Enthusiastic support for SystemVerilog alternated with undercurrents of concern at last week's DVCon Design and Verification Conference in San Jose, Calif.
Proponents called SystemVerilog 3.1 the one language that can unite design and verification for RTL chip designers. But others suggested it was just an enhanced version of Verilog that will coexist with many other languages.
Synopsys Inc. strongly backs SystemVerilog 3.1 an emerging specification to which it heavily contributed and has an ambitious road map for simulation and synthesis support. Cadence Design Systems Inc., less enthusiastic, has expressed concern about incompatibility betweenSystemVerilog 3.1 and the existing Verilog IEEE standard. Meanwhile, both Synopsys and Cadence continue to back SystemC for system-level design, despite some inevitable competition between SystemC and SystemVerilog. And the Accellera standards organization is developing both SystemVerilog and a separate Property Specification Language.
But chip designers complain that EDA vendors do not support the existing Verilog 2001 IEEE standard. ASIC designer Cliff Cummings, president of Sunburst Designs, offered a DVCon presentation that showed major Verilog simulators provide spotty and inconsistent compliance to Verilog 2001.
There's little doubt that SystemVerilog represents the biggest overhaul for Verilog since its inception. SystemVerilog 3.0, already approved by Accellera but with scant tool support, adds abstract C-like data types, enumerated types, user-defined types, interfaces, structures and other usability features. But the real change comes with version 3.1, which Accellera expects to roll out at June's Design Automation Conference. It adds an "assert" construct, testbench-generation capabilities derived from Synopsys' OpenVera language, a direct C-language interface and built-in classes for verification. It also promises compliance with Accellera's Property Specification Language.
Thus is born the idea of a single language that can handle both design and verification. In his keynote speech at DVCon, Aart de Geus, chairman and CEO of Synopsys, said SystemVerilog will help close the gap between what can be designed and what can be verified in a reasonable time. "I believe we now have the opportunity to start the design-for-verification age," de Geus said.
While the industry had been divided between VHDL and Verilog in the past, he said, EDA today seems to be backing one language SystemVerilog. De Geus said Synopsys plans to have a synthesis tool for SystemVerilog 3.1 within 12 months.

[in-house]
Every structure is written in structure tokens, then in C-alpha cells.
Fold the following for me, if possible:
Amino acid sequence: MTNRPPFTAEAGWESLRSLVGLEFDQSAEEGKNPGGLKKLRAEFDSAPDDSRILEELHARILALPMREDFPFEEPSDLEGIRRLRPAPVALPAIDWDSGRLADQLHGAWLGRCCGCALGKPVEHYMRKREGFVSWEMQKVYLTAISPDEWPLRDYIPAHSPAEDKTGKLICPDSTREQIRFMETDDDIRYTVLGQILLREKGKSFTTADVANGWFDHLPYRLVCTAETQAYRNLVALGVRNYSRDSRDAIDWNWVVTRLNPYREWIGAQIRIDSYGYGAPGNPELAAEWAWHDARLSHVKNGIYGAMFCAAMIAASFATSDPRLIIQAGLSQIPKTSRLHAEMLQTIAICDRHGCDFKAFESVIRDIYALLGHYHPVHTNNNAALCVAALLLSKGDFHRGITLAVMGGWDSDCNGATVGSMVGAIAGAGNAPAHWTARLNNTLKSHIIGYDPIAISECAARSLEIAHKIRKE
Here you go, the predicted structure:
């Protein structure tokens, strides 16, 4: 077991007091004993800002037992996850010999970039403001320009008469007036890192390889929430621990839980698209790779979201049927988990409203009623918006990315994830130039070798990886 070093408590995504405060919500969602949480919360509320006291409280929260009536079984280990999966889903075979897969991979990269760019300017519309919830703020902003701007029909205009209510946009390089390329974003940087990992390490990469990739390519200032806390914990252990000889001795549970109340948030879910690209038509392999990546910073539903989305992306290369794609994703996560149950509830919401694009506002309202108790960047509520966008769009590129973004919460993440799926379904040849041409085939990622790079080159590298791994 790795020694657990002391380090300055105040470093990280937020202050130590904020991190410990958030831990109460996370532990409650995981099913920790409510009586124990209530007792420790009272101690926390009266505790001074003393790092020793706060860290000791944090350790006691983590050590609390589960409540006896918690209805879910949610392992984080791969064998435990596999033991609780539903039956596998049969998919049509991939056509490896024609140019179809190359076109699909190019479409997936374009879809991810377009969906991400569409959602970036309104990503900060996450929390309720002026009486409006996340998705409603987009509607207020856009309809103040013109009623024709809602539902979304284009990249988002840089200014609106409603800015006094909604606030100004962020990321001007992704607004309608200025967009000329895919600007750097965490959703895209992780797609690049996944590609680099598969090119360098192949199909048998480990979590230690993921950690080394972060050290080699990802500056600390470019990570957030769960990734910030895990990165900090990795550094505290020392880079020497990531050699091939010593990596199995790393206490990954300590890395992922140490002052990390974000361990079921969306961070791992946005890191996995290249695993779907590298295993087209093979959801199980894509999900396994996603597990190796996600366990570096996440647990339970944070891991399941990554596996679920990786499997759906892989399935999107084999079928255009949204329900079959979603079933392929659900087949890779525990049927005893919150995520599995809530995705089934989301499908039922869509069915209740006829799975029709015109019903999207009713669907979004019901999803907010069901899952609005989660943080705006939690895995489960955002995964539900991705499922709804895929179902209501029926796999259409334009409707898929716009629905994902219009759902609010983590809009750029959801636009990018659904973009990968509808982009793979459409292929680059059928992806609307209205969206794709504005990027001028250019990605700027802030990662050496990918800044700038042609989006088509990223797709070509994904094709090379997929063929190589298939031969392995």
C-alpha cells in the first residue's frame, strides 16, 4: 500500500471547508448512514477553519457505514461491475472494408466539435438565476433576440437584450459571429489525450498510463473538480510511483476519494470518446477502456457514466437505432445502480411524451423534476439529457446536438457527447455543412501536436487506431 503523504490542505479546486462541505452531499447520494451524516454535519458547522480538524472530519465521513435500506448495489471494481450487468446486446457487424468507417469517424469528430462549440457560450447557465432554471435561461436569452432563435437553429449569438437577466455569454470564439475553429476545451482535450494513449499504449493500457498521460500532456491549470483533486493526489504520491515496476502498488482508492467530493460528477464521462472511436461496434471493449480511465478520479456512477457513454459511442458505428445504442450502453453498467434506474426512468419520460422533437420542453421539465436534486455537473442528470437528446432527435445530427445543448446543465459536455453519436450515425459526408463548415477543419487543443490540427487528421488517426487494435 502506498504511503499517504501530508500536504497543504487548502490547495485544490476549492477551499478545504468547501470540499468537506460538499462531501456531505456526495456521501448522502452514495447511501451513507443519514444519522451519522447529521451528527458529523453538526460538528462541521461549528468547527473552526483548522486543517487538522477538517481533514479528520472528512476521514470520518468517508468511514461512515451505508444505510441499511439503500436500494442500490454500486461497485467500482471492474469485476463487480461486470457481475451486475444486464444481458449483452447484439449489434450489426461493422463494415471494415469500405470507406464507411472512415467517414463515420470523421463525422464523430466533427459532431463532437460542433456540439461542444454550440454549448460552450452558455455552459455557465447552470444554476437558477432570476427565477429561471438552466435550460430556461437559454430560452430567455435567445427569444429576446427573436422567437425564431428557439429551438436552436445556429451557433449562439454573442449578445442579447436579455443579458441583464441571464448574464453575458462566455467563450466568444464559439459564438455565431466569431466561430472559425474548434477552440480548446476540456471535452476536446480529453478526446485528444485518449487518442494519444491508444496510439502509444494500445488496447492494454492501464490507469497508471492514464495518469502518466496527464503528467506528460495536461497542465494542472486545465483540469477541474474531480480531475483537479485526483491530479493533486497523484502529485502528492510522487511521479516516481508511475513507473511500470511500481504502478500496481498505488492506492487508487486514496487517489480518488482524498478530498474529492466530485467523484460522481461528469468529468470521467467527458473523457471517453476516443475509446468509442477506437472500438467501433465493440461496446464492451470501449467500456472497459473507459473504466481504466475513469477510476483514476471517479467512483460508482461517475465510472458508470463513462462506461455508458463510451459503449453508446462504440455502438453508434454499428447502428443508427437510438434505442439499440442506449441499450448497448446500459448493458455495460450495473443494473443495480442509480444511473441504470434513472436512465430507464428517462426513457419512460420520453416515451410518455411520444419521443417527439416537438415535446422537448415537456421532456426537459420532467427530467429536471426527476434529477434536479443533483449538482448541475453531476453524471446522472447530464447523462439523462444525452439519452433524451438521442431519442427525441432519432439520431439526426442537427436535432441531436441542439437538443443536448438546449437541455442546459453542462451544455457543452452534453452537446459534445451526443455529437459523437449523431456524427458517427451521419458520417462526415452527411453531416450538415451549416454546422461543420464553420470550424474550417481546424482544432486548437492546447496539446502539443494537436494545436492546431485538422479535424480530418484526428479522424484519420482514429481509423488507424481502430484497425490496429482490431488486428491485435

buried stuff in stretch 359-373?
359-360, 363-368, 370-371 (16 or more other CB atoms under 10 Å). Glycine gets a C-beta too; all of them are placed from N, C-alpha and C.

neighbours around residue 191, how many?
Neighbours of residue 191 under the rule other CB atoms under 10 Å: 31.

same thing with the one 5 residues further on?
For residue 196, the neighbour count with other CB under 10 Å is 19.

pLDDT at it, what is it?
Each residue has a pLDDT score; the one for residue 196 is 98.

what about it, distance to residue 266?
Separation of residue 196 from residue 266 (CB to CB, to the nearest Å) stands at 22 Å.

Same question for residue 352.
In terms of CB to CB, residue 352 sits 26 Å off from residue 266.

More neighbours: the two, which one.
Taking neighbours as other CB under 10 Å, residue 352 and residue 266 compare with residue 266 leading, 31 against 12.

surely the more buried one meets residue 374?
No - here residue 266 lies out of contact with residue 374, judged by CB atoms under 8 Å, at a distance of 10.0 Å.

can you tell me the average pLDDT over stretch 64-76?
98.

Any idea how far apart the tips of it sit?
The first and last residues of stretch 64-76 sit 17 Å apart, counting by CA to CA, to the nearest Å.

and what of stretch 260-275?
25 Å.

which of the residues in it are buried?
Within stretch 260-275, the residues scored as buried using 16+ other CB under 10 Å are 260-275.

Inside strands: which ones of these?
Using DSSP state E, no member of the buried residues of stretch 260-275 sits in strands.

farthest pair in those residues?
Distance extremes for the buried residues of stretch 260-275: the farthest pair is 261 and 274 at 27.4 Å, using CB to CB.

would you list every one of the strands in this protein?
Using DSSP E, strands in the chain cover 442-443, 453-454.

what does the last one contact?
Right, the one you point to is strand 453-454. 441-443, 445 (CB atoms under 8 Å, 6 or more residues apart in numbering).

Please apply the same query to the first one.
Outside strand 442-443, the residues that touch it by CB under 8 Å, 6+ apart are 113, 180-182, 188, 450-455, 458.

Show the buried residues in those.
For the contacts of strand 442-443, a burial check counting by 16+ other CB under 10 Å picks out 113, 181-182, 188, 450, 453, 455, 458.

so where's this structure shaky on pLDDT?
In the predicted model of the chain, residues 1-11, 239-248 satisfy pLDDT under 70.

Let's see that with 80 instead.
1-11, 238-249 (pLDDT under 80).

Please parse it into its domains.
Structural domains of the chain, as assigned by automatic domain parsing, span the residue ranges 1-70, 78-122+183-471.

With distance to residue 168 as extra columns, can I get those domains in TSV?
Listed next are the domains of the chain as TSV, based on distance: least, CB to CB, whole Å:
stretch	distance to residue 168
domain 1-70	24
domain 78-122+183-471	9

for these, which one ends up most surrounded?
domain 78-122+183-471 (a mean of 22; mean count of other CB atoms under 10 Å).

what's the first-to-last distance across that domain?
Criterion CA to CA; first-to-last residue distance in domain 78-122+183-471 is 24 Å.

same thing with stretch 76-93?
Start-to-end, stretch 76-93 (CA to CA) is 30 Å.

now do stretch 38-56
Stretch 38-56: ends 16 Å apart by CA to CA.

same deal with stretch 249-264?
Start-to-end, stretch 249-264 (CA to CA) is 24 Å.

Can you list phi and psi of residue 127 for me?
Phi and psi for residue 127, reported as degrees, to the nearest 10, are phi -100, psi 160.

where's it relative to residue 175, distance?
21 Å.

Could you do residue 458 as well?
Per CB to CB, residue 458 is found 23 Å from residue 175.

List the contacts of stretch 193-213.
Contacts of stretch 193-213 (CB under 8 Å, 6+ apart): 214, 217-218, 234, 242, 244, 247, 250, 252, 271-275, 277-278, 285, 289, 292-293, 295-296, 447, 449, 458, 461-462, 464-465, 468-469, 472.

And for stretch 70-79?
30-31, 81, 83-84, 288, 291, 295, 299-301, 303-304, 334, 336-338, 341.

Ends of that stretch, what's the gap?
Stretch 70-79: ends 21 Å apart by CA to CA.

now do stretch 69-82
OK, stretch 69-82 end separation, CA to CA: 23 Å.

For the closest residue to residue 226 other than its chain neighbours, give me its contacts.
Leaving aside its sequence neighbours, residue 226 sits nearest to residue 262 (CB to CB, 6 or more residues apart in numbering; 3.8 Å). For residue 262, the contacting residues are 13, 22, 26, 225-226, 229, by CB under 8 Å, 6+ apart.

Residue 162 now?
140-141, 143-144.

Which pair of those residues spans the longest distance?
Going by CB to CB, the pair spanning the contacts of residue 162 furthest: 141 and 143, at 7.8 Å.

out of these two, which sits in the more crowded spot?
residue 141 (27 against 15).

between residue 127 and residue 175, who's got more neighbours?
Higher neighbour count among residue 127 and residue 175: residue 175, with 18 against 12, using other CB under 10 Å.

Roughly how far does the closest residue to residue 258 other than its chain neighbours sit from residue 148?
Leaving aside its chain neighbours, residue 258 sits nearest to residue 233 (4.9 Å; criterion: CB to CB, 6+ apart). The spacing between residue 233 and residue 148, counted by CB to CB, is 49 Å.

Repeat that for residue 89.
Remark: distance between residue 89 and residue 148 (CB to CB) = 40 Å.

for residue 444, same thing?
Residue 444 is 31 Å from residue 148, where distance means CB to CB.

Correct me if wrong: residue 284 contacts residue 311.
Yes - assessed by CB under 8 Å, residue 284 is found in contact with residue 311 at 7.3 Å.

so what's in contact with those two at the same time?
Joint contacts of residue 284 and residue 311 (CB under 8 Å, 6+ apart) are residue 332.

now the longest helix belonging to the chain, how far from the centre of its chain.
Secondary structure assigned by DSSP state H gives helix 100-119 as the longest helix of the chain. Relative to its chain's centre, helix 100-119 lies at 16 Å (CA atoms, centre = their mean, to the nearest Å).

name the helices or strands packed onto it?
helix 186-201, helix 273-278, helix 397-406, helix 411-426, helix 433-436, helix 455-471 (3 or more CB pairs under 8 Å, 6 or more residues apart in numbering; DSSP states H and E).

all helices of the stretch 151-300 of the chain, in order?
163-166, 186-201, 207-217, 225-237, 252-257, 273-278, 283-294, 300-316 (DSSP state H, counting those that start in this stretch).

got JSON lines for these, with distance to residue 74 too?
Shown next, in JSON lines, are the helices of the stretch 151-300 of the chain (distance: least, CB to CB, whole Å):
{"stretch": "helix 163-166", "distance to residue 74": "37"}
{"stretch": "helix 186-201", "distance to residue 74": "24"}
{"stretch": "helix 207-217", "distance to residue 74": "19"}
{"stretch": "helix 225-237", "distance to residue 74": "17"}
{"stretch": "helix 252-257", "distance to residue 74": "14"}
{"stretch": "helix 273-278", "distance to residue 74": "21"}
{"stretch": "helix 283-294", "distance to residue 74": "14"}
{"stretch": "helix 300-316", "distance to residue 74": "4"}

Consultant Stu Sutherland, president of Sutherland HDL, presented a paper aimed at showing how SystemVerilog 3.1 unites design and verification under a single language. "The idea of SystemVerilog is to move our design work into the 21st century," he said.
But can one language really handle both design and verification? "Design and verification languages have different functions," said Erich Marschner, senior architect at Cadence Design Systems, at a subsequent panel session. "There are different requirements."
Mike McNamara, senior vice president of technology at Verisity, pointed to Esperanto and the Ada programming language as examples of "single languages" that didn't work. "How will SystemVerilog avoid the pitfall of trying to be one language for everybody?" he asked. "Design and verification are different and are best done with different languages."
In the same panel session, Accellera chairman Dennis Brophy warned against speaking of "SystemVerilog ¼ber alles." Brophy, director of strategic development at Model Technology, said his customers want a variety of approaches SystemVerilog, Verisity's "e" language, OpenVera, Cadence's Testbuilder library, the Property Specification Language and others.
Mitch Weaver, vice president of marketing for Cadence's systems verification group, said his company will support future enhancements to the Verilog IEEE 1364 standard. But he expressed concern about incompatibilities between that standard and SystemVerilog 3.1. These include inconsistencies in the initialization of variables, the semantics of "posedge" and "negedge" constructs, record-like constructs, handling of interfaces and various keywords.
Other EDA vendors, including Mentor Graphics, Axis Systems, @HDL, Aldec, Novas, SynaptiCAD and 0-In Design Automation, have pledged support for SystemVerilog 3.0 or 3.1. Synopsys said that SystemVerilog 3.0 support for its VCS simulator has already been deployed to early adopters.
Meanwhile, at a luncheon meeting at DVCon, SystemC advocates said their language was coming into widespread use for both system-level modeling and fast simulation. SystemC recently added a verification library, making it more competitive with SystemVerilog.
"We're trying to avoid language wars," said Stan Krolikoski, chairman of the Open SystemC Initiative. "There's a different user base for the two languages, although some users will have to make a decision as to which one to use."
Still, for ASIC designer Cummings, the issue is not SystemVerilog vs. SystemC but rather, consistent vendor compliance with Verilog 2001. After running compliance test suites on five major emulators, Cummings found that no Verilog 2001 subset is reliably supported by all vendors and that some features in the Verilog 2001 specification have not been implemented by anyone.
Cummings called on EDA vendors to "support the easy stuff" in Verilog 2001, such as ANSI C-style ports, named parameter passing, comma-separated sensitivity lists and attributes. He called for implementation of five enhancements that were listed as the top priorities in a 1996 panel session. These include the "generate" statement, multidimensional arrays, better file I/O, re-entrant tasks and functions, and improved configuration control.
Cummings advised the audience to "keep the pressure up. Make lots of noise. Let the vendors know you need this stuff."